As if poisoning from agricultural pesticides and lead from hunters’ shotgun shells weren’t enough, now the tiny population of California condors in Pinnacles National Park has to worry about drones.
Hikers had notified park rangers late last month that they saw a man “chasing condors with a drone,” apparently trying to get photos of the endangered species.
The amateur photographer apparently was taking advantage of drastically reduced ranger patrols at the park during the 35-day federal government shutdown. Because of the delay in the reporting and reduced staffing, rangers at Pinnacles Park were unable to find the drone operator, said a park spokesperson.
“Drones are illegal in the park,” he said, adding the ban holds for all national parks.
The rugged trails were still being cleared of debris this week, as rangers and maintenance crews worked to restore access routes that spider through the park’s spectacular scenery.
National Park Service biologists also returned to work, monitoring and tracking the endangered bird. California condors, with an estimated Central Coast population now approaching 100, had dwindled to 20 or so in the late 1980s, perilously close to extinction.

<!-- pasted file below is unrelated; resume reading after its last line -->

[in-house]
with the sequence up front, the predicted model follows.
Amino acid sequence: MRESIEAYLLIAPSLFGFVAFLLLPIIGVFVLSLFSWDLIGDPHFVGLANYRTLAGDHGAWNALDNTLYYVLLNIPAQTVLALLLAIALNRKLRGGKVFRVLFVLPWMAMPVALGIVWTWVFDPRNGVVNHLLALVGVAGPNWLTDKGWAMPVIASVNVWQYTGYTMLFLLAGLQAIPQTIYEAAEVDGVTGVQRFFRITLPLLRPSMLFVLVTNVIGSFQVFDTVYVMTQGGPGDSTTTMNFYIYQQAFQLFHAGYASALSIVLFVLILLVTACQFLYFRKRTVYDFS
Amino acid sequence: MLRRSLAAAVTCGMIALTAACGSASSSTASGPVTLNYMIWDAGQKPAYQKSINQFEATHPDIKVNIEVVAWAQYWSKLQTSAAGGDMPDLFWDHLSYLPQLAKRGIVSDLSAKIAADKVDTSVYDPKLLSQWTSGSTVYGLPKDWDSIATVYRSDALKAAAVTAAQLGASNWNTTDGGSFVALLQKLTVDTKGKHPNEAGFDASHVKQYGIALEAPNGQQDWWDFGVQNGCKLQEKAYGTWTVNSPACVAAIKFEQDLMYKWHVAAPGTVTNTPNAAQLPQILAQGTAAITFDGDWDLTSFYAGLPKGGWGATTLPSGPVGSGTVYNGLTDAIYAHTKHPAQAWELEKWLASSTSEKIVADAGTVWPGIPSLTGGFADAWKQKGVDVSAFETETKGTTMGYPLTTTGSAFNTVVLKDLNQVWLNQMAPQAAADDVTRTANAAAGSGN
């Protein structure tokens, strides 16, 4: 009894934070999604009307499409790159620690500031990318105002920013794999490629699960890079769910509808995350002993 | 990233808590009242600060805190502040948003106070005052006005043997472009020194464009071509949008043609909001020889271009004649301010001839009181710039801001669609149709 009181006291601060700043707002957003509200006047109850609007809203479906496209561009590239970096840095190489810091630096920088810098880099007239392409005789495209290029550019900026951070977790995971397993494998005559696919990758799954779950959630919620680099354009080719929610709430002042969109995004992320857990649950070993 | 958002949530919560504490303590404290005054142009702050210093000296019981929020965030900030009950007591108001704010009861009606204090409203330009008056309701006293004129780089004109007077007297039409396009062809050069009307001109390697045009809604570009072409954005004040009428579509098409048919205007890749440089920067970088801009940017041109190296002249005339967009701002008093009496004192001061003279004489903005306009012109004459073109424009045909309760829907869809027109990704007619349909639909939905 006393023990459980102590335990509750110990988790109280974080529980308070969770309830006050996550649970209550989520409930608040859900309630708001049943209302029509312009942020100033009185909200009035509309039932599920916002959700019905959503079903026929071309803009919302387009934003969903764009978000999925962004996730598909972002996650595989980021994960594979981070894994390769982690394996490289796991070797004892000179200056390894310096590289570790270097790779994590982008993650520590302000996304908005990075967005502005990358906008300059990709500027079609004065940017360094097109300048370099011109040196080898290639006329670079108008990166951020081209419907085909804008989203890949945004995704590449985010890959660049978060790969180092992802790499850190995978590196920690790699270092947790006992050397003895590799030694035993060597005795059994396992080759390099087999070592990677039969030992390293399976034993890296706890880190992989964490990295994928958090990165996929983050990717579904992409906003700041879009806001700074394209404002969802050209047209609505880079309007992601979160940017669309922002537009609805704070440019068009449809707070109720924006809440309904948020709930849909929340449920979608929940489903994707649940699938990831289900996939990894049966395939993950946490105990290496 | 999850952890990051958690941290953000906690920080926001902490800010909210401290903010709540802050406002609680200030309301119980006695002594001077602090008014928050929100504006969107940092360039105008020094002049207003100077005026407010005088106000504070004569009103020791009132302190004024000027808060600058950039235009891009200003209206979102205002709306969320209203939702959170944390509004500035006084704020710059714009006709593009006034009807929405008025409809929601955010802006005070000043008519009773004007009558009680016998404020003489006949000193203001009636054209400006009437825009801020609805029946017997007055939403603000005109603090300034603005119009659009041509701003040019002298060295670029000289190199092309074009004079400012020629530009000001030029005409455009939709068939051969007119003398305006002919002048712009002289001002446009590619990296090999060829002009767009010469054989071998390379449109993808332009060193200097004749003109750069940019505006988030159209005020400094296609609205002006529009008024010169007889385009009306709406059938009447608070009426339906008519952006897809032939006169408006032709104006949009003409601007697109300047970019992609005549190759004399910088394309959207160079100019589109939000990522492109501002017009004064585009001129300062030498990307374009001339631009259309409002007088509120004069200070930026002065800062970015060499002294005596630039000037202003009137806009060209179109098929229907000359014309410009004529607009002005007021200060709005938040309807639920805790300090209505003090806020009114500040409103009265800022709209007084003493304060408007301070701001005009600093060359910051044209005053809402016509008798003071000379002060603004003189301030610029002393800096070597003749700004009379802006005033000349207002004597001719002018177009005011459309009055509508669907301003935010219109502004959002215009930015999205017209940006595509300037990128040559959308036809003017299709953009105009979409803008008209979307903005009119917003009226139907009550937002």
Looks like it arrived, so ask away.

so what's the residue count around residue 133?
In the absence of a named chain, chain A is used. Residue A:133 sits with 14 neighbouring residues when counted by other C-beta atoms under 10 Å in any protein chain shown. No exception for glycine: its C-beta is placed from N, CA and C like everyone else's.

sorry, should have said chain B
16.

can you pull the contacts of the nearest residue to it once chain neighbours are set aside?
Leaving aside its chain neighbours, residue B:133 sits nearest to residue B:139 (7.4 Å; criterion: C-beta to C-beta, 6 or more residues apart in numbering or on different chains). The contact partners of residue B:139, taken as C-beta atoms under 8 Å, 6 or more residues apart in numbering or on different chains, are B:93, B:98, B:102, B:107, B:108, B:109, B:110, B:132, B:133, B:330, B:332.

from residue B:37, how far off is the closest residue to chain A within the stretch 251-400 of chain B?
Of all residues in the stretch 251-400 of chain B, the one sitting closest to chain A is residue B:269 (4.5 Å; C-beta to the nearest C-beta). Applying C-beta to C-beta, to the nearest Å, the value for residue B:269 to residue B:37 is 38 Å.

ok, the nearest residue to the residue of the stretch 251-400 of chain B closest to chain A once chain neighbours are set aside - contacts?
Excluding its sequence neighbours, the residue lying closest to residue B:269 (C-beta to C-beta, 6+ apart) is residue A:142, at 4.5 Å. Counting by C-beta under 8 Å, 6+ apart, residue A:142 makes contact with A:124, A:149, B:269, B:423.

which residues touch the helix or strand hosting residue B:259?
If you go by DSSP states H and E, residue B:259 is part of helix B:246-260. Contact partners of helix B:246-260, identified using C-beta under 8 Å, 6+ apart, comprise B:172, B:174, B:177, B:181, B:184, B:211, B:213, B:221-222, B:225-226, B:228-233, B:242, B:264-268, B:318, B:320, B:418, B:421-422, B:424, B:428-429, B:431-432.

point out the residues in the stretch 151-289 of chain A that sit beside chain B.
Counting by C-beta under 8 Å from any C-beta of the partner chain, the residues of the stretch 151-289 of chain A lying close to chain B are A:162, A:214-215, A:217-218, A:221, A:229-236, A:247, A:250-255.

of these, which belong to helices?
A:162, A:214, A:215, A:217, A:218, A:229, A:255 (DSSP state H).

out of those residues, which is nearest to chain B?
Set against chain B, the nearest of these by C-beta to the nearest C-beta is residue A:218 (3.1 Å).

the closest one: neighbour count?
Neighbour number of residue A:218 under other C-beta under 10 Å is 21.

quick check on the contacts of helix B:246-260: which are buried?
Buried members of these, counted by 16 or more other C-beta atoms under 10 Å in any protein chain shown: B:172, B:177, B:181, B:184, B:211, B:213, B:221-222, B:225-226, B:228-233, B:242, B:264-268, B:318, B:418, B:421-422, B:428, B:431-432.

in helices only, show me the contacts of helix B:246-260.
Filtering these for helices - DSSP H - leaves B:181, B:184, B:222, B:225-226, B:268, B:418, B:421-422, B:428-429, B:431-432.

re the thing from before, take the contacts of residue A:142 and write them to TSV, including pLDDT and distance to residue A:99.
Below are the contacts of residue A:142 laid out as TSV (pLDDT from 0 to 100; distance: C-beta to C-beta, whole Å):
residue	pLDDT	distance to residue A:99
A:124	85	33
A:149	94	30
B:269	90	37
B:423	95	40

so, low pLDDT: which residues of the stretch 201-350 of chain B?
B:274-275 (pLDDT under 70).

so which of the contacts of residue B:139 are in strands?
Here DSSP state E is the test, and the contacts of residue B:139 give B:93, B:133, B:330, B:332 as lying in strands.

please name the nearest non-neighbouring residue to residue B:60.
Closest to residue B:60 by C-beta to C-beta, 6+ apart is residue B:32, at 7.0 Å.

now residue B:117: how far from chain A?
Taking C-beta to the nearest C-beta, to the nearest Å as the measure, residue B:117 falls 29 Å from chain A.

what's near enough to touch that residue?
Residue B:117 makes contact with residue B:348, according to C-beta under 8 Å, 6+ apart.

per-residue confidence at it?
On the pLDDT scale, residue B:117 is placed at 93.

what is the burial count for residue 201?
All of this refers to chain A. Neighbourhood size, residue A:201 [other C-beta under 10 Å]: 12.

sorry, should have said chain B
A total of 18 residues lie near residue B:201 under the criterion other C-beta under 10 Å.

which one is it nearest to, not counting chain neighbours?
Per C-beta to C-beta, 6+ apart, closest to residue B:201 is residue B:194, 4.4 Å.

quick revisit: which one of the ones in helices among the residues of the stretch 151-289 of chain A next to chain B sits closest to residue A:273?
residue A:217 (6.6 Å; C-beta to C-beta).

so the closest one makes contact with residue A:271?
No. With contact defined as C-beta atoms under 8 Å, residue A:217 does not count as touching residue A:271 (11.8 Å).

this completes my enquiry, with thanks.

The big raptors with the 10-foot wingspans apparently have grown fond of the peaks at Pinnacles, where biologists say at least two nesting pairs make their home. Not much is known about the condors, but nearly all are tagged, numbered and equipped with their own GPS devices and radio transmitters—not for their own navigational purposes, but for the biologists whose laptops follow the birds’ movements. Condors in captivity have been known to live 50 years, but not much is known about their life spans in the wild.
Condors are visiting the park this time of year as nesting season approaches, which makes it prime time for condor watching, said park biologists.
A lead biologist estimated there are likely just six active condor nests in Central California. She reported this week sighting the first active condor nest within Pinnacles Park boundaries in several years. The soaring, reclusive birds hatch just a single egg every two years, so sighting any active nest is good news in the campaign to save the species.
The last successful nest, hatching a surviving bird, in the park boundaries was spotted four years ago. That nest, in the park’s centennial year, was the first successful nest in 100 years, according to the biologist.
Lead poisoning from birdshot shotgun shells—now banned in California—is still the biggest threat to condors, she said.
The other endangered animal in the park is the Townsend big-eared bat, which lives in the unique caves in the Pinnacles. For more information, visit https://www.nps.gov/pinn/learn/nature/condors.htm.